In Ohio, nearly 1 in 7 households experiences food insecurity to the extent that it cannot afford balanced meals on a regular basis, a rate higher than the national average, according to the U.S Department of Agriculture.
At the same time, many Ohio farmers face low commodity prices, decreased foreign markets for their crops and severe weather that has triggered crop losses.
With those challenges in mind, Ohio Smart Agriculture: Solutions from the Land, a statewide farmer-led initiative that includes representatives from the College of Food, Agricultural, and Environmental Sciences (CFAES) at The Ohio State University, has drafted a plan for Ohio agriculture to become more sustainable.
To accomplish that, the group has come up with recommendations including expanding the available agricultural workforce, funding research on urban farming and safe ways to apply fertilizers that don’t jeopardize water quality, and streamlining the process for farmers to gain contracts to sell their crops to local school systems.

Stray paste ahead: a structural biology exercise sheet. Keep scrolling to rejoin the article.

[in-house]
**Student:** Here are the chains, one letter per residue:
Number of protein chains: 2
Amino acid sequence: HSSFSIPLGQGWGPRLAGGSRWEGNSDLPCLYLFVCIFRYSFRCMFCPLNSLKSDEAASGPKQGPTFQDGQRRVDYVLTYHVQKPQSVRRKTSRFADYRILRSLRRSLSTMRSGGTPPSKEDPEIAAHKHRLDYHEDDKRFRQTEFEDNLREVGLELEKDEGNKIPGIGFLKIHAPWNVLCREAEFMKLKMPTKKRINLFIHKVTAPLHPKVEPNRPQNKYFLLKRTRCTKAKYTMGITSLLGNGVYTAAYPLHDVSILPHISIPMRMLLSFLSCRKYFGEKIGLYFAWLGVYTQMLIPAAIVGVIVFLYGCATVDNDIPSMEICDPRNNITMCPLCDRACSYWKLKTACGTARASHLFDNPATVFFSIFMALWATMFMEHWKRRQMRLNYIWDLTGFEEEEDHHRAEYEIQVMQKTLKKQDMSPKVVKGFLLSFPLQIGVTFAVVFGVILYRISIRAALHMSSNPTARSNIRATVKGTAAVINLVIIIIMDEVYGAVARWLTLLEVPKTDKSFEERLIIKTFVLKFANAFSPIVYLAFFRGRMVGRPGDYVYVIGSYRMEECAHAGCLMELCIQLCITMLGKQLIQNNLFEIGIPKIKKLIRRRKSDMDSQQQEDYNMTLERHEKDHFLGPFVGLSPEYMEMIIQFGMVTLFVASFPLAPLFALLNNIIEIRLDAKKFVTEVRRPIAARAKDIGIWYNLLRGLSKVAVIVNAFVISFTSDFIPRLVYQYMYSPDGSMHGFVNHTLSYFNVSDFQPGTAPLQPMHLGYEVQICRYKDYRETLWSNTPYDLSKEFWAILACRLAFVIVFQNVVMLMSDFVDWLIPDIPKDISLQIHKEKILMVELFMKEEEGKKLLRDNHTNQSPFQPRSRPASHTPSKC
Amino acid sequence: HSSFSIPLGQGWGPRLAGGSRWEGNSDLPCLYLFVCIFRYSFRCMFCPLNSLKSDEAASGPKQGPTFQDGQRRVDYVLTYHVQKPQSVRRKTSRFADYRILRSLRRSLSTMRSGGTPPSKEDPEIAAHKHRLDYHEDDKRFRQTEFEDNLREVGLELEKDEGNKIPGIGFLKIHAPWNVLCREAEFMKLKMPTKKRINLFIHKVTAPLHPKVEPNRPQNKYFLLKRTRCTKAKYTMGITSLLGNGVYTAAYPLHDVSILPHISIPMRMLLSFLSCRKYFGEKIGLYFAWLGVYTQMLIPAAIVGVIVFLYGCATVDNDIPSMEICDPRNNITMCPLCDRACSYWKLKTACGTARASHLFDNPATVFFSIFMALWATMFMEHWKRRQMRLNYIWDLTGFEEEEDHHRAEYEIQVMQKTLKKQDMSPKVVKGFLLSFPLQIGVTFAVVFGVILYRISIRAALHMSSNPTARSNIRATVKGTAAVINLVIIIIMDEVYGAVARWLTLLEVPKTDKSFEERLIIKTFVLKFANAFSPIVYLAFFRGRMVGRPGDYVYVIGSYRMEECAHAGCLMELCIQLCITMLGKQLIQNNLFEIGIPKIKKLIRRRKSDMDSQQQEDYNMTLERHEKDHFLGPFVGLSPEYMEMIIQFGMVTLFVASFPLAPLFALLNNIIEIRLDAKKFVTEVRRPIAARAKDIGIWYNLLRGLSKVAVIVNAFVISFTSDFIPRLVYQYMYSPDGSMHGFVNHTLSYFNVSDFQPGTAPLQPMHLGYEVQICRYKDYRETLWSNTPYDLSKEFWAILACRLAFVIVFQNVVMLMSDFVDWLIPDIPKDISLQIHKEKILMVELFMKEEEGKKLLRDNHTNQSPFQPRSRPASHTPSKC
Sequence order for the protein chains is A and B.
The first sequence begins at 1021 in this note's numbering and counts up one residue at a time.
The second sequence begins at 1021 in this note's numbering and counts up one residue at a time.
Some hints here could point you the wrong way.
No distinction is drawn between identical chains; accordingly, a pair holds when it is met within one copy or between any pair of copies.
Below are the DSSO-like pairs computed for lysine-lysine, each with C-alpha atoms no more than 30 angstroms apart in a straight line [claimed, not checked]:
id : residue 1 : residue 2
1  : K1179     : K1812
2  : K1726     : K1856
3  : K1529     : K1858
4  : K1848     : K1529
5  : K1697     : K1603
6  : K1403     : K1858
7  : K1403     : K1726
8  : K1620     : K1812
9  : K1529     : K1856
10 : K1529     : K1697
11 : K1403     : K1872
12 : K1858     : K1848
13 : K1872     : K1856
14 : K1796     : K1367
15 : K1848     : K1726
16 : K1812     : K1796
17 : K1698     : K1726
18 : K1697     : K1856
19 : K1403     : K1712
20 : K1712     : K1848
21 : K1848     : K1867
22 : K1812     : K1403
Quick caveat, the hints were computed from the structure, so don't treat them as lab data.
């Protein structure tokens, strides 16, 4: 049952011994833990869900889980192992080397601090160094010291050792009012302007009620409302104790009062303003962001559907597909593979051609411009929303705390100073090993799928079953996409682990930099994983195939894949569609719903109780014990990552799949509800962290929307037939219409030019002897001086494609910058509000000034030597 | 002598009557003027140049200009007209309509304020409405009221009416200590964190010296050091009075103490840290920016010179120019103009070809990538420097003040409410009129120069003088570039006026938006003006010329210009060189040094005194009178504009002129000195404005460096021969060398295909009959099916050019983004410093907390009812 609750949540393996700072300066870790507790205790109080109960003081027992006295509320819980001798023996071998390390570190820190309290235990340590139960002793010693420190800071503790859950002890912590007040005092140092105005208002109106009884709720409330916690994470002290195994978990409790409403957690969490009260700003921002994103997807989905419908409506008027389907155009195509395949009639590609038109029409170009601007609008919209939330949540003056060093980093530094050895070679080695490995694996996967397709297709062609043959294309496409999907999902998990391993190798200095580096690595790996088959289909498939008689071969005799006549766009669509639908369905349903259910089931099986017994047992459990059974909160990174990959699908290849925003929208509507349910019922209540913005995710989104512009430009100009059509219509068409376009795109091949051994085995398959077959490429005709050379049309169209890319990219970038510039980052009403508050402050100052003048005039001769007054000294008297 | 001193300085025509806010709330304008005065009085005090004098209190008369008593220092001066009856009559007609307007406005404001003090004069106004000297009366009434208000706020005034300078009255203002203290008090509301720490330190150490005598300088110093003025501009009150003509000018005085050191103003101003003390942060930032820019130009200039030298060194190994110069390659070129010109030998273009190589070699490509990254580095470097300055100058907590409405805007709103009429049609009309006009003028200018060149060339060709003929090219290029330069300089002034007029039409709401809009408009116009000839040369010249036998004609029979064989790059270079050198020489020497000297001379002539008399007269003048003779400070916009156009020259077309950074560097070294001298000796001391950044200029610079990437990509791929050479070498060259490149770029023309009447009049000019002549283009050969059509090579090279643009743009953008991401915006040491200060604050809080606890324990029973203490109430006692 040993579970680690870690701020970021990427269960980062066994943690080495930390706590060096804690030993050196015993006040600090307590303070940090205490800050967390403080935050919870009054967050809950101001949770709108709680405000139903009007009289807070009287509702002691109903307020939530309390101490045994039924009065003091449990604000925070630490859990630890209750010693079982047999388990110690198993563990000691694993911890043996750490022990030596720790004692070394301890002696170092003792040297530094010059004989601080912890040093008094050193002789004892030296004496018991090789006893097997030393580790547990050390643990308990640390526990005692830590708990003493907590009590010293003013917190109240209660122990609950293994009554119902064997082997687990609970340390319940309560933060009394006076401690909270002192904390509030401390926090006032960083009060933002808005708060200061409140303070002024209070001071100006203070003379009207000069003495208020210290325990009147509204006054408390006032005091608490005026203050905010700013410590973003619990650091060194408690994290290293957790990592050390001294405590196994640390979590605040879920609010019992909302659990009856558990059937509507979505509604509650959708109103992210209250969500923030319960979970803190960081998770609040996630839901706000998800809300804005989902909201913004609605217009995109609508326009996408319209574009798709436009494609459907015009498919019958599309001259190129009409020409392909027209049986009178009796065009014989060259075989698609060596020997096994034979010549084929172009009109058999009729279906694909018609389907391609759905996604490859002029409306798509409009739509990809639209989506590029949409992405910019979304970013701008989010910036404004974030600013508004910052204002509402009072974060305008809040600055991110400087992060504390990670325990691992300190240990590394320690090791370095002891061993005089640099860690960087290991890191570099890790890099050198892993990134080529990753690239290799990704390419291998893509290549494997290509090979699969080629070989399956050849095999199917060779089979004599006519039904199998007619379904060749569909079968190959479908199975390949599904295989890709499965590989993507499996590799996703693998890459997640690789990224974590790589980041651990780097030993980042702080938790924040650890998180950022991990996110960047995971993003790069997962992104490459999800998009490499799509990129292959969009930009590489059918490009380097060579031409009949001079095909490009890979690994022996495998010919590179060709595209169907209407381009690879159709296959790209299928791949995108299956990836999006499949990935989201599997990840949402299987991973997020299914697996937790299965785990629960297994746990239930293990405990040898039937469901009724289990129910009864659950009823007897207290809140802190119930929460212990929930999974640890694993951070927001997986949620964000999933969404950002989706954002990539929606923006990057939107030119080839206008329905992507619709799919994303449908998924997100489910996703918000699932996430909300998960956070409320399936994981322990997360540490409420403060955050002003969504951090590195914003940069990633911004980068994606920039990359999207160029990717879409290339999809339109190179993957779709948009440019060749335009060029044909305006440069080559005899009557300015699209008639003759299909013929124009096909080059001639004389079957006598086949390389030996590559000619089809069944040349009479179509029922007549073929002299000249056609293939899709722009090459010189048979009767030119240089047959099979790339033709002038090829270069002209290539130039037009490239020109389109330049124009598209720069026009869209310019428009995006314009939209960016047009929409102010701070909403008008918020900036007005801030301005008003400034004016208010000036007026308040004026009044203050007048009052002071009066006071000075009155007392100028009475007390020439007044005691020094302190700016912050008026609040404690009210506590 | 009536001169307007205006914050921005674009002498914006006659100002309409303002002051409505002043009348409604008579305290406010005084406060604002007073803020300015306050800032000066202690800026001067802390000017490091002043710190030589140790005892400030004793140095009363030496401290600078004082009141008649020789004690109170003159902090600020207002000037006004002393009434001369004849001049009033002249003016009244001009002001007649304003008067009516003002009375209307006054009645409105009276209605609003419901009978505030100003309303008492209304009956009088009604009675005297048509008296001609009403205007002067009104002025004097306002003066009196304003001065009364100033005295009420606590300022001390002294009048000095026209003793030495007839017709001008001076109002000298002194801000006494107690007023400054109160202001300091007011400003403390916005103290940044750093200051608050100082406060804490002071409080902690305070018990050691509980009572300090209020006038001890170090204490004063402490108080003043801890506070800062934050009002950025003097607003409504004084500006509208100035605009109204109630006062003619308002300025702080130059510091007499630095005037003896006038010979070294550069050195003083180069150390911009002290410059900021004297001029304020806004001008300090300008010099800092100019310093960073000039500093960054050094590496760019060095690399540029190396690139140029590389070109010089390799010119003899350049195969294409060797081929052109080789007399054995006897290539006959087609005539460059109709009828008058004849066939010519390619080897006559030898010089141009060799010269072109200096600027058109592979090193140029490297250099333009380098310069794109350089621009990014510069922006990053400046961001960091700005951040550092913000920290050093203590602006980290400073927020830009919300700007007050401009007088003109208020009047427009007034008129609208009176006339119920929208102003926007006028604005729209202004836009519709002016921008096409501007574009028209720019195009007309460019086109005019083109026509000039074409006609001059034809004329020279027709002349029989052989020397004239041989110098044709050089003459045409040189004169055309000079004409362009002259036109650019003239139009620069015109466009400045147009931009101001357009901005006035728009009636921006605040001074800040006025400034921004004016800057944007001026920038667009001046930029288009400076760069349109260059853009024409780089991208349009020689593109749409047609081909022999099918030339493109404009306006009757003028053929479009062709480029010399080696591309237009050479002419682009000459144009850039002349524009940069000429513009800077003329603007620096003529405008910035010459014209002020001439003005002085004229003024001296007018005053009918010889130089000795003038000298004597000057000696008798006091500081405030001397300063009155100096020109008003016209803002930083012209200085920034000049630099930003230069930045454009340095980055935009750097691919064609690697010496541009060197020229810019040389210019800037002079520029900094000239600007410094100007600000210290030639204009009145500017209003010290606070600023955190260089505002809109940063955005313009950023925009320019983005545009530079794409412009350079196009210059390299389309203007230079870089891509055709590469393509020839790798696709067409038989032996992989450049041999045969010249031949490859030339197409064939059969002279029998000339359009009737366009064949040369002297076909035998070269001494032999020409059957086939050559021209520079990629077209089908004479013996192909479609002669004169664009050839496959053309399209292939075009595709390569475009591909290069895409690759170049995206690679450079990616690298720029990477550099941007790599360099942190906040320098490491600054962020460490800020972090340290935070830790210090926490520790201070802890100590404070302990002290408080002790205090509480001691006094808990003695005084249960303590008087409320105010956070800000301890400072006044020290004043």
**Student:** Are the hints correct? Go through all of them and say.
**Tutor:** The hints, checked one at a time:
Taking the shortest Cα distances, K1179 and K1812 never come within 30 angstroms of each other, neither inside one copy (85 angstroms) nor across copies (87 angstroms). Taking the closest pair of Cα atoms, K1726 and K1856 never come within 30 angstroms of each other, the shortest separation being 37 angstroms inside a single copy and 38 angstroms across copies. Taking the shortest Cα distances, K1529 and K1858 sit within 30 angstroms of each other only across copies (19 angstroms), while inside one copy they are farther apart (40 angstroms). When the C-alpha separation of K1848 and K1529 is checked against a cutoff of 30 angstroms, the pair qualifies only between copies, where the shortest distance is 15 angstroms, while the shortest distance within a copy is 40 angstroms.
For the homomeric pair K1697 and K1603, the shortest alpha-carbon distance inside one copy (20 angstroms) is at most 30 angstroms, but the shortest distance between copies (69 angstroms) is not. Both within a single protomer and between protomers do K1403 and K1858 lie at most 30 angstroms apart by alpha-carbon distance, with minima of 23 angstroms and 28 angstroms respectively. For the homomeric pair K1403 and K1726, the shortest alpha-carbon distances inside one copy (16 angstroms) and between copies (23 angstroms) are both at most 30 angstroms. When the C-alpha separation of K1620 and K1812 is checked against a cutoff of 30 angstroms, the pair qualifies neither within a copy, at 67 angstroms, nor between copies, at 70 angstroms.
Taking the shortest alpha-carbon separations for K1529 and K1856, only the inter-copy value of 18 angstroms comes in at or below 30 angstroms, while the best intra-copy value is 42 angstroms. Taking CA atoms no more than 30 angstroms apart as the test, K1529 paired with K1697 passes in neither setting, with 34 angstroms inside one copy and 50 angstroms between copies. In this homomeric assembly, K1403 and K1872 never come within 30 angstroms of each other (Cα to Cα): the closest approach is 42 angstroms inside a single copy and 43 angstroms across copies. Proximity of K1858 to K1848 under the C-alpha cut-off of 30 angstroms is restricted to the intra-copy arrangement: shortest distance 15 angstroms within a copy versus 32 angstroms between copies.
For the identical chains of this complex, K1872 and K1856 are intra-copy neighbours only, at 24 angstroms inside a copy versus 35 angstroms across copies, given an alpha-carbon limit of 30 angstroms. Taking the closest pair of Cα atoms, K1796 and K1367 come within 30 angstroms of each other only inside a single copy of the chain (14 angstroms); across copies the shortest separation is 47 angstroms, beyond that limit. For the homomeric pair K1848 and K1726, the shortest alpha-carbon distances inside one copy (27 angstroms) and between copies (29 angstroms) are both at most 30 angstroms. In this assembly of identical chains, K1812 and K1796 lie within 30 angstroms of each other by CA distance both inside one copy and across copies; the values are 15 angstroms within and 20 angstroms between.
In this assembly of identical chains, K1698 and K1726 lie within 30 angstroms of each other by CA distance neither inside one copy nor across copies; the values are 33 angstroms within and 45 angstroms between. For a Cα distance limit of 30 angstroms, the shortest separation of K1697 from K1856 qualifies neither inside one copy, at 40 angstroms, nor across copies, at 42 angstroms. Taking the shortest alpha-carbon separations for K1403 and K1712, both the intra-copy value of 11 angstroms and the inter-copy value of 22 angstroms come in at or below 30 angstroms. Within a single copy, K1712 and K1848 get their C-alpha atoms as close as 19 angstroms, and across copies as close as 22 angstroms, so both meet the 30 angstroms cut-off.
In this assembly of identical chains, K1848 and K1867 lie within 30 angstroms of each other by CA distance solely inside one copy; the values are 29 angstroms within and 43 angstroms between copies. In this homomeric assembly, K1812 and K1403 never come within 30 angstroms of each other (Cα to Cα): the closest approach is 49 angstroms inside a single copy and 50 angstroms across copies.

For those struggling to feed themselves or their families, Ohio Smart Agriculture wants to increase public commitment to programs including Produce Perks that help low income families get fresh produce on a regular basis. And the group wants to explore ways to assist individuals who don’t qualify for state or federal food programs and yet still struggle to pay for nutritious meals.
“Farmers often feel like people don’t listen to them, but this project offers a chance for their solutions to be heard and acted upon,” said Casey Hoy, a CFAES professor and project advisor. “The recommendations represent ideas from across the spectrum of Ohio farms and people who work with food security and the environment. It’s not about more of the same, it’s about how Ohio farmers can solve some of the biggest challenges we face statewide.”
For a full list of Ohio Smart Agriculture’s proposed recommendations, visit go.osu.edu/smartag.
For a video on Ohio Smart Agriculture, visit go.osu.edu/smartagvideo.